Insolation is a measure of solar radiation energy received on a given surface area
in a given time. This varies with location due to various factors such as local
weather and latitude. Insolation maps are available on the web and are useful when
designing and sizing solar panel systems. See Wikipedia’s article on insolation
for more information.
kWh or Kilowatt Hour - a unit of energy. 1 kilowatt of power, consumed for an hour,
uses one kilowatt-hour of energy. One kWh equals 3,413 British Thermal Units (Btu).
LED or Light Emitting Diode. A solid-state light which is very efficient. Electricity
is converted directly into light, unlike a filament bulb which uses electricity to
heat a wire filament, in which case only a small amount of the energy consumed produces
visible light, the rest is given off as heat.
Low emissivity or E2 glass: Low E2 is a special neutral-colored high performance
coated glass that helps reduce heat transference.
Off grid: Electricity is generated at the house site (typically using solar, wind,
hydro or a fuel-powered generator) with no connection to a utility electricity supply.
Batteries are normally used to store energy to provide a continuous supply day and
Phantom loads: Things which draw electric power even when switched off or in ‘standby’
mode. Many modern electrical goods consume power when supposedly switched off. Common
culprits are things with remote controls and/or a standby mode, such as TVs, DVD
players, gaming machines and microwave ovens. Battery chargers and power supplies
(the black ‘bricks’ which plug in to a power outlet) also tend to consume phantom
power. Over a 24 hour period, this power adds up. A simple way to reduce phantom
loads is to plug them into a single power strip, and turn the whole strip off when
not in use. There are also intelligent power strips which switch off automatically
- see the Resources section. When choosing a new appliance, see if you can find
out, before buying, how much power it consumes when switched off.
PV Panels or Photovoltaic panels. These are panels which generate electricity directly
from sunlight. PV Panels are still quite inefficient, best efficiencies at present
are about 15%, (approximately 100-150 W per square meter or yard). Once installed
the panels will produce free electricity for many years with minimal maintenance.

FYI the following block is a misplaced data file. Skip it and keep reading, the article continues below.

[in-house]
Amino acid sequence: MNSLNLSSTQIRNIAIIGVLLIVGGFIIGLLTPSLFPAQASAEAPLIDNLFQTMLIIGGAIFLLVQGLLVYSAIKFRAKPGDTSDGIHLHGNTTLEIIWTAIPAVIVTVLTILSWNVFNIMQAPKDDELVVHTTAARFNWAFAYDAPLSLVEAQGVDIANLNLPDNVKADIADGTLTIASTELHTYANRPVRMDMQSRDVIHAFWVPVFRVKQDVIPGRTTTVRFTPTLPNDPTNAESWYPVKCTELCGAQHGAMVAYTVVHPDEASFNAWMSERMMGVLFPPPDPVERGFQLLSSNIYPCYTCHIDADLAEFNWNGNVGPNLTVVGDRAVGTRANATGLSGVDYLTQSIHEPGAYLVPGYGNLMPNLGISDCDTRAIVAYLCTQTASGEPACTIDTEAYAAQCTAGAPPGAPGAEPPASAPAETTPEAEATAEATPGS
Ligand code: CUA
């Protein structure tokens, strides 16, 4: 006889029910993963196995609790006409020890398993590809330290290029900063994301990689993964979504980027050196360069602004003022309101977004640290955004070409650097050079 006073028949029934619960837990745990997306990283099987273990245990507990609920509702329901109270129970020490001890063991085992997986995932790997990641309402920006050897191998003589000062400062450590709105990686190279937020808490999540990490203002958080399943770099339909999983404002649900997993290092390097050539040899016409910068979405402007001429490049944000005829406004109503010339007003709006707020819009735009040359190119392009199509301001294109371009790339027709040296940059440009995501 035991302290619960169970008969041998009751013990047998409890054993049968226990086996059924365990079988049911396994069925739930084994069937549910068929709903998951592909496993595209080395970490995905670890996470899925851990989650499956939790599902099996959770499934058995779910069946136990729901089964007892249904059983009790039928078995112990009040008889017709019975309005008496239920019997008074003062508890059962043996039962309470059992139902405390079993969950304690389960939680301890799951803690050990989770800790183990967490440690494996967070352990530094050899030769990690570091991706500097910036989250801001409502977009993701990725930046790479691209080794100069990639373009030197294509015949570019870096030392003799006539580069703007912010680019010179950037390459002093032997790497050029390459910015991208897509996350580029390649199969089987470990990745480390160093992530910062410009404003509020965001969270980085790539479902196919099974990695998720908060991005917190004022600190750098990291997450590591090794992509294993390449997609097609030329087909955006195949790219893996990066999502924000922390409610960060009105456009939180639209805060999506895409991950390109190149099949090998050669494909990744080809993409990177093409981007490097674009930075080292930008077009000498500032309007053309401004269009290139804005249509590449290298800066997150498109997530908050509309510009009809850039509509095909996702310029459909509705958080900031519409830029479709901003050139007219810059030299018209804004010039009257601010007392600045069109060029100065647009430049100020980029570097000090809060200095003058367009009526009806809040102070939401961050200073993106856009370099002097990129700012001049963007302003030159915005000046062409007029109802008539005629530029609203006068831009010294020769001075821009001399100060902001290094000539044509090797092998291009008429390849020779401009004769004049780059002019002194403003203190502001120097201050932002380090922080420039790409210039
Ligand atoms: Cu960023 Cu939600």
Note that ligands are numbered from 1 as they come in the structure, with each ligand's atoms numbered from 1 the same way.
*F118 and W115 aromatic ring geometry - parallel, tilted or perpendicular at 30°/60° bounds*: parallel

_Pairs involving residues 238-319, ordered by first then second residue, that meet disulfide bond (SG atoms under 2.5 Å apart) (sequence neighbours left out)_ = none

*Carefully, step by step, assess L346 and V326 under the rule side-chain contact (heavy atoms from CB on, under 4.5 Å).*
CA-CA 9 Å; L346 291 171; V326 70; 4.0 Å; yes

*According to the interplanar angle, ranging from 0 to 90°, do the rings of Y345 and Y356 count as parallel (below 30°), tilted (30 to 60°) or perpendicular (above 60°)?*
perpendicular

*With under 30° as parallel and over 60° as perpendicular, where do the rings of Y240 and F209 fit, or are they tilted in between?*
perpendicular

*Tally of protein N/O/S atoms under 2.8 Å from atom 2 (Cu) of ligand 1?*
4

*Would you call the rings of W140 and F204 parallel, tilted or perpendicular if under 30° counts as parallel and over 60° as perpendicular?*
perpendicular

R Value A measurement of insulation. The higher the value, the more effective the
insulation. It is measured in the US as degF.sqFt.hour per Btu. Its inverse, U
value, is a bit easier to understand - this measures the ability of a surface to
conduct heat. The units are Btu/h per degF per square foot. So if a surface of 1
square foot has a temperature difference of 1 degree Fahrenheit and it conducts 1
btu per hour, it has a U rating of 1. (and its inverse, R-rating, would also be
1 in this case). R ratings are useful because if several materials are combined,
their R-ratings can be added together to produce an overall R-rating.
Renewable energy: Energy which is obtained from sources which can be replenished.
This includes solar, wind, hydro, and the burning of replaceable fuels such as wood,
if harvested sustainably.
Renewable electricity supply: You can change your electricity provider so that the
electricity you consume has been generated using renewable sources such as wind and
hydro. This government website provides a useful list of suppliers for each state.
If you are not in the United States, many other countries have similar schemes.
Solar Electric Panels: Also known as PV Panels, these generate electricity from sunlight.
See PV Panels for more information.
Solar Space Heating panels: These panels produce warm air from sunshine.
Solar Water Panels: Panels which absorb light and heat from the sun to heat water.
These come in two main types, flat panel and evacuated tube. See separate entries
in this glossary.
Wind turbine / Wind generator: A turbine, usually mounted on a tower, is used to
capture energy from the wind to produce electricity.